# echo "$user:$realm:$hash" >> /etc/lighttpd/lighttpd.user

Modify /etc/lighttpd/lighttpd.conf adding the following lines to enable the directory protection:

server.modules += ( "mod_auth", "mod_authn_file" )

auth.backend                = "htdigest"
auth.backend.htdigest.userfile = "/etc/lighttpd/lighttpd.user"

# note this entry is relative to the server.document-root
auth.require = ( "/secret" =>
    "method" => "basic",
    "realm" => "Password Required",
    "require" => "valid-user"
Note: The realm entered into /etc/lighttpd/lighttpd.conf must match the value chosen in /etc/lighttpd/lighttpd.user for authentication to work.


Common Gateway Interface (CGI) scripts just need to enable the CGI module; include the configuration file and make sure your chosen programming language interpreter is installed. (i.e. for python you would install python)

Create the file /etc/lighttpd/conf.d/cgi.conf and add the following to it:

server.modules += ( "mod_cgi" )

cgi.assign                 = ( ".pl"  => "/usr/bin/perl",
                               ".cgi" => "/usr/bin/perl",
                               ".rb"  => "/usr/bin/ruby",
                               ".erb" => "/usr/bin/eruby",
                               ".py"  => "/usr/bin/python",
                               ".php" => "/usr/bin/php-cgi" )

index-file.names           +=( "",   "",
                               "index.rb",   "default.rb",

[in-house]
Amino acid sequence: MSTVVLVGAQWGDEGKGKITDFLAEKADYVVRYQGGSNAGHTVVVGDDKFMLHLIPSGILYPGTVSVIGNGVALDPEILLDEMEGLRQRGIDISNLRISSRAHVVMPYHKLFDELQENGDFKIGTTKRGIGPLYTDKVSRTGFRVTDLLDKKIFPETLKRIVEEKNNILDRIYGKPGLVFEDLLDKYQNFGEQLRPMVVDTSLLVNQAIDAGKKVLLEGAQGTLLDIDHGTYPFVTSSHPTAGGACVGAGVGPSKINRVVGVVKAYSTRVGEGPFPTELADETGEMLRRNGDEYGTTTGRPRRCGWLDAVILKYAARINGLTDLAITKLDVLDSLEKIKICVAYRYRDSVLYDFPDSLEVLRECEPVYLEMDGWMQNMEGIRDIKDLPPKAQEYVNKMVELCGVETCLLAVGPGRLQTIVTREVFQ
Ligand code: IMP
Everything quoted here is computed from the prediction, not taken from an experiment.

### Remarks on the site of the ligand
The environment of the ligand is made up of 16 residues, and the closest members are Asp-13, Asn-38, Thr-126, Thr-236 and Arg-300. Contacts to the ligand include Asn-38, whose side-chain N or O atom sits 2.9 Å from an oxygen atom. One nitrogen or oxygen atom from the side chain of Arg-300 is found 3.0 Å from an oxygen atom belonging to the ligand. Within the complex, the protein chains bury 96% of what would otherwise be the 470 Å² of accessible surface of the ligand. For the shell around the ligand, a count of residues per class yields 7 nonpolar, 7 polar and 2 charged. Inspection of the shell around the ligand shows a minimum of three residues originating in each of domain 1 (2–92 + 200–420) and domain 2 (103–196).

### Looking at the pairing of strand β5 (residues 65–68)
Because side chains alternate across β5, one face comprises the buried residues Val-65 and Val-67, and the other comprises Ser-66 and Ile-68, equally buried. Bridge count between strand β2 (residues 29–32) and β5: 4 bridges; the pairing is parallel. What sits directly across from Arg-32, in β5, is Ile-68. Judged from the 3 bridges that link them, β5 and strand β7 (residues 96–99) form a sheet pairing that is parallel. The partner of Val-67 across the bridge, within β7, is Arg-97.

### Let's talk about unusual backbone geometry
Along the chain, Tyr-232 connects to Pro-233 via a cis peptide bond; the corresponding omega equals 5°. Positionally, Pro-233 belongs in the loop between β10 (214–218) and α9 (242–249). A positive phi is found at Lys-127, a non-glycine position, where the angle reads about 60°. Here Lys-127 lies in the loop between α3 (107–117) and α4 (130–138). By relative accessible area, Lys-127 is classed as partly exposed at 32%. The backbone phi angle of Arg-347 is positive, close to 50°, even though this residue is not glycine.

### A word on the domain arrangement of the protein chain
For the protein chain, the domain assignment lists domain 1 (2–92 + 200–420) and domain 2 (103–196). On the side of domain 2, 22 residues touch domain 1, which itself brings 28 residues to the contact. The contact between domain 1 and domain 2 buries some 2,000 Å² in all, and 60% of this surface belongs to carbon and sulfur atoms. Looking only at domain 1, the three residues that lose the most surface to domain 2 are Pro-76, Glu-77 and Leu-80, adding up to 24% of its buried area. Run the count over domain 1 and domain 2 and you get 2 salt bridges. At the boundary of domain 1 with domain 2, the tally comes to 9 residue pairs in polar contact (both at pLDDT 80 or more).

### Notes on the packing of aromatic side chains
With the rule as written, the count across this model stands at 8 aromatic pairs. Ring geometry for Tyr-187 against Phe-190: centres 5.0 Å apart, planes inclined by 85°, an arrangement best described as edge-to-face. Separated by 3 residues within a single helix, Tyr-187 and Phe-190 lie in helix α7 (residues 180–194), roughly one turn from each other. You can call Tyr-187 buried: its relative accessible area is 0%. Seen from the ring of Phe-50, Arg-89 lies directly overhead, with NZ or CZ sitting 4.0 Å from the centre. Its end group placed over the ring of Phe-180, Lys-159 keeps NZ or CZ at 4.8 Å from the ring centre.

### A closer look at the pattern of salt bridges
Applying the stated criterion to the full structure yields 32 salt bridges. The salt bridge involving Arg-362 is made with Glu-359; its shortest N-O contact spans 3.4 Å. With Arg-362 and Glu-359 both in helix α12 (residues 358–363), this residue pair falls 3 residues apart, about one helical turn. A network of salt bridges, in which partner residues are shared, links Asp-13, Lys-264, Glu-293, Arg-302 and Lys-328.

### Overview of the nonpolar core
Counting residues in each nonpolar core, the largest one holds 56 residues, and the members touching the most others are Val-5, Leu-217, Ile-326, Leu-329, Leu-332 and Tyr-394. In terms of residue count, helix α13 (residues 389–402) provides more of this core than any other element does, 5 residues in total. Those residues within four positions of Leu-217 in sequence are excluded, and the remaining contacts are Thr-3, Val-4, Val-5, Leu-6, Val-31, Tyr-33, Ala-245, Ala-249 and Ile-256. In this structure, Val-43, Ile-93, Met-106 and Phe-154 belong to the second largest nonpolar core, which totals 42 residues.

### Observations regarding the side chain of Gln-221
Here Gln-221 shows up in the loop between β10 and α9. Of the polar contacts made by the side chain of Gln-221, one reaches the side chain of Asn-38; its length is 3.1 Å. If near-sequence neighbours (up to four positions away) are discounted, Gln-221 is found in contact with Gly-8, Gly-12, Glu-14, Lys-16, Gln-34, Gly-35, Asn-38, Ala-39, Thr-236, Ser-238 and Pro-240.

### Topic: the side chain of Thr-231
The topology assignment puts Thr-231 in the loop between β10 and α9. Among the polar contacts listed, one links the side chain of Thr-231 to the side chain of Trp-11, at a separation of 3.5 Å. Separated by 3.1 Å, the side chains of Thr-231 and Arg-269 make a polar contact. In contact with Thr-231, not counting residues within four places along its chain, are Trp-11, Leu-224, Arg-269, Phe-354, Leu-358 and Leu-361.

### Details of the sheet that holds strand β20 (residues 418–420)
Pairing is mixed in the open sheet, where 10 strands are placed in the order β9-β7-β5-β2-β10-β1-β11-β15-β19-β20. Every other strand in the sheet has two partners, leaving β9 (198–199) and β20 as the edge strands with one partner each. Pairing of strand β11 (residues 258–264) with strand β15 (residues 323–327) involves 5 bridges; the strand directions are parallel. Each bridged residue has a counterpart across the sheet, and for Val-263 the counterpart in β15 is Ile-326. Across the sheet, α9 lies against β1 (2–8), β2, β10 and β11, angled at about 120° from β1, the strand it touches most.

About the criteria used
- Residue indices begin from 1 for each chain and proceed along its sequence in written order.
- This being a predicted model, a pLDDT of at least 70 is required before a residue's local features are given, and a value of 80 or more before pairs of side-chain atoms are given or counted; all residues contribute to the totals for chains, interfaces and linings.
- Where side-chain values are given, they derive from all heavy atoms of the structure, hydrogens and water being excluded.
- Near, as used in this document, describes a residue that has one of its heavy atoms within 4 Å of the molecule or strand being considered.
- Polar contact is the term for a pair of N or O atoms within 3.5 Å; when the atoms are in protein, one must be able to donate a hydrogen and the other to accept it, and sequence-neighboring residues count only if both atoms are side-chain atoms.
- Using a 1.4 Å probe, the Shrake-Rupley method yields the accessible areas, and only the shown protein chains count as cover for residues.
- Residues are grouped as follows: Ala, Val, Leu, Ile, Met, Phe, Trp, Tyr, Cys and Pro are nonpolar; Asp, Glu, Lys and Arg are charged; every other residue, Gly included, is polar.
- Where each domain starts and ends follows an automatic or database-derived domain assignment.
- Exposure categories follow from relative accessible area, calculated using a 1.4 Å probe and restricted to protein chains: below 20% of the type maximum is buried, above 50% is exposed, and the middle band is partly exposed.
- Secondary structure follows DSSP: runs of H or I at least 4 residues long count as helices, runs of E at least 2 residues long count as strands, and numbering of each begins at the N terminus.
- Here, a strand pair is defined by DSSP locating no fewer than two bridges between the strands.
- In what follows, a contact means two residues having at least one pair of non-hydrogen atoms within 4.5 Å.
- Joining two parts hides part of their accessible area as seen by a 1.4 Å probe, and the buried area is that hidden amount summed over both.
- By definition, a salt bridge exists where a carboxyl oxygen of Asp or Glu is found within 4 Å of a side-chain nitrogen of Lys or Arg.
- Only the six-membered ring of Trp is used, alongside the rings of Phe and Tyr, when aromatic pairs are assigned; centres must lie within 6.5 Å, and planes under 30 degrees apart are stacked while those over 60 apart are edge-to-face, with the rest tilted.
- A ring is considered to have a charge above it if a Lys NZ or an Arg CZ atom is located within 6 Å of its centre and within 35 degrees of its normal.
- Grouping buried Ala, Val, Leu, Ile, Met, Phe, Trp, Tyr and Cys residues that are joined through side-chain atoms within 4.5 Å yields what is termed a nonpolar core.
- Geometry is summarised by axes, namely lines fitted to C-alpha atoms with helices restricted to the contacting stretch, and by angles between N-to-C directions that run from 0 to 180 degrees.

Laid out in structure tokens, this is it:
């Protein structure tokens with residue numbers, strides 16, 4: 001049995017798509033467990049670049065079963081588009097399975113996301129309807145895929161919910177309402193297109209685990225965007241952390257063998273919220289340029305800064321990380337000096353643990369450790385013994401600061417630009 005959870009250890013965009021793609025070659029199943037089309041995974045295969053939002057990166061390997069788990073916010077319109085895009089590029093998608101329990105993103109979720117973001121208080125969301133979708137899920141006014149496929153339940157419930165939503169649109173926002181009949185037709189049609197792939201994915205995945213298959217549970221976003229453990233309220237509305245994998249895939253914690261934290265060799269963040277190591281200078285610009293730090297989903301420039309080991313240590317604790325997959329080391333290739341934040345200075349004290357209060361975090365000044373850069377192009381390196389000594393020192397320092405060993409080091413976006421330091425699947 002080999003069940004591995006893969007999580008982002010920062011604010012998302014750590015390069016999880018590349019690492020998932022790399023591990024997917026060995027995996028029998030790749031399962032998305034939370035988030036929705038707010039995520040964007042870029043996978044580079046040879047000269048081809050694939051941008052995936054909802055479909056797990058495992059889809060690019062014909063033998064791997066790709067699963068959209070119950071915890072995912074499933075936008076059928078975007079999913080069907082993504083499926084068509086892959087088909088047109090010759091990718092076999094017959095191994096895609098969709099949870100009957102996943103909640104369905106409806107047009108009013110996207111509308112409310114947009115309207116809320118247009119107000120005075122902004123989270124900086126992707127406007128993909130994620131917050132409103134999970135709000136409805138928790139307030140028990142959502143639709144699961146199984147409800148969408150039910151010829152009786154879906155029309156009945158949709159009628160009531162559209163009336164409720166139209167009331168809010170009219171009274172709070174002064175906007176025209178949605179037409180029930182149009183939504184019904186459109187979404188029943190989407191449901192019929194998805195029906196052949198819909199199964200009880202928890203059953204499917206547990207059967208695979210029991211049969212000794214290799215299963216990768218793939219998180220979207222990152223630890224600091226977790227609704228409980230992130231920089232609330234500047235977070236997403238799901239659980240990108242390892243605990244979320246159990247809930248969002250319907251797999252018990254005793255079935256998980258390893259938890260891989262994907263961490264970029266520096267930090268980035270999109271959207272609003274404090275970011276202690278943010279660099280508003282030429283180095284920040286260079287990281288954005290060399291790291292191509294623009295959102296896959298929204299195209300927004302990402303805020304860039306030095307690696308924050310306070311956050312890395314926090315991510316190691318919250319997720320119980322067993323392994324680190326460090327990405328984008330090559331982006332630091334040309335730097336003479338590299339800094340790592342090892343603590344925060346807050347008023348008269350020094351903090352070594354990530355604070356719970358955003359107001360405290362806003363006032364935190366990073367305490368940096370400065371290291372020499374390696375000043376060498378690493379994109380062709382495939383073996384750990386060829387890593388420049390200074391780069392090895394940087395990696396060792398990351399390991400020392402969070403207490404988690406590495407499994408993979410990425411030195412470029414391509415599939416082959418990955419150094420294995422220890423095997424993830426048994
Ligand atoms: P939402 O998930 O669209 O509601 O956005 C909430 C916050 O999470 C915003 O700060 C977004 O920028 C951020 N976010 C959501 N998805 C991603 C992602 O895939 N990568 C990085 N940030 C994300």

"index.erb",  "default.erb",
                               "",   "",
                               "index.php",  "default.php" )

For PHP scripts, you will need to make sure the following is set in /etc/php/php.ini

cgi.fix_pathinfo = 1

In your lighttpd configuration file, /etc/lighttpd/lighttpd.conf add:

include "conf.d/cgi.conf"


Install fcgi. Now you have lighttpd with fcgi support. If that was what you wanted, you are all set. People that want Ruby on Rails, PHP or Python should continue.

Note: New default user and group: Instead of group nobody lighttpd now runs as user/group http by default.

First, copy the example configuration file from /usr/share/doc/lighttpd/config/conf.d/fastcgi.conf to /etc/lighttpd/conf.d

The following needs adding to the configuration file, /etc/lighttpd/conf.d/fastcgi.conf

server.modules += ( "mod_fastcgi" )

index-file.names += ( "dispatch.fcgi" ) #dispatch.fcgi if rails specified

server.error-handler-404   = "/dispatch.fcgi" #too
fastcgi.server = (
    ".fcgi" => (
      "localhost" => ( 
        "socket" => "/run/lighttpd/rails-fastcgi.sock",
        "bin-path" => "/path/to/rails/application/public/dispatch.fcgi"

Then in /etc/lighttpd/lighttpd.conf:

include "conf.d/fastcgi.conf"

For PHP or Ruby on Rails, see the next sections.


Using php-cgi

Install php and php-cgi (see also PHP and LAMP).

Check that php-cgi is working php-cgi --version

PHP 5.4.3 (cgi-fcgi) (built: May  8 2012 17:10:17)
Copyright (c) 1997-2012 The PHP Group
Zend Engine v2.4.0, Copyright (c) 1998-2012 Zend Technologies

If you get a similar output, php is installed correctly.

Create a new configuration file:

# Make sure to install php and php-cgi. See:                                                             

server.modules += ("mod_fastcgi")

# FCGI server
# ===========
# Configure a FastCGI server which handles PHP requests.
index-file.names += ("index.php")
fastcgi.server = ( 
    # Load-balance requests for this path...
    ".php" => (
        # ... among the following FastCGI servers. The string naming each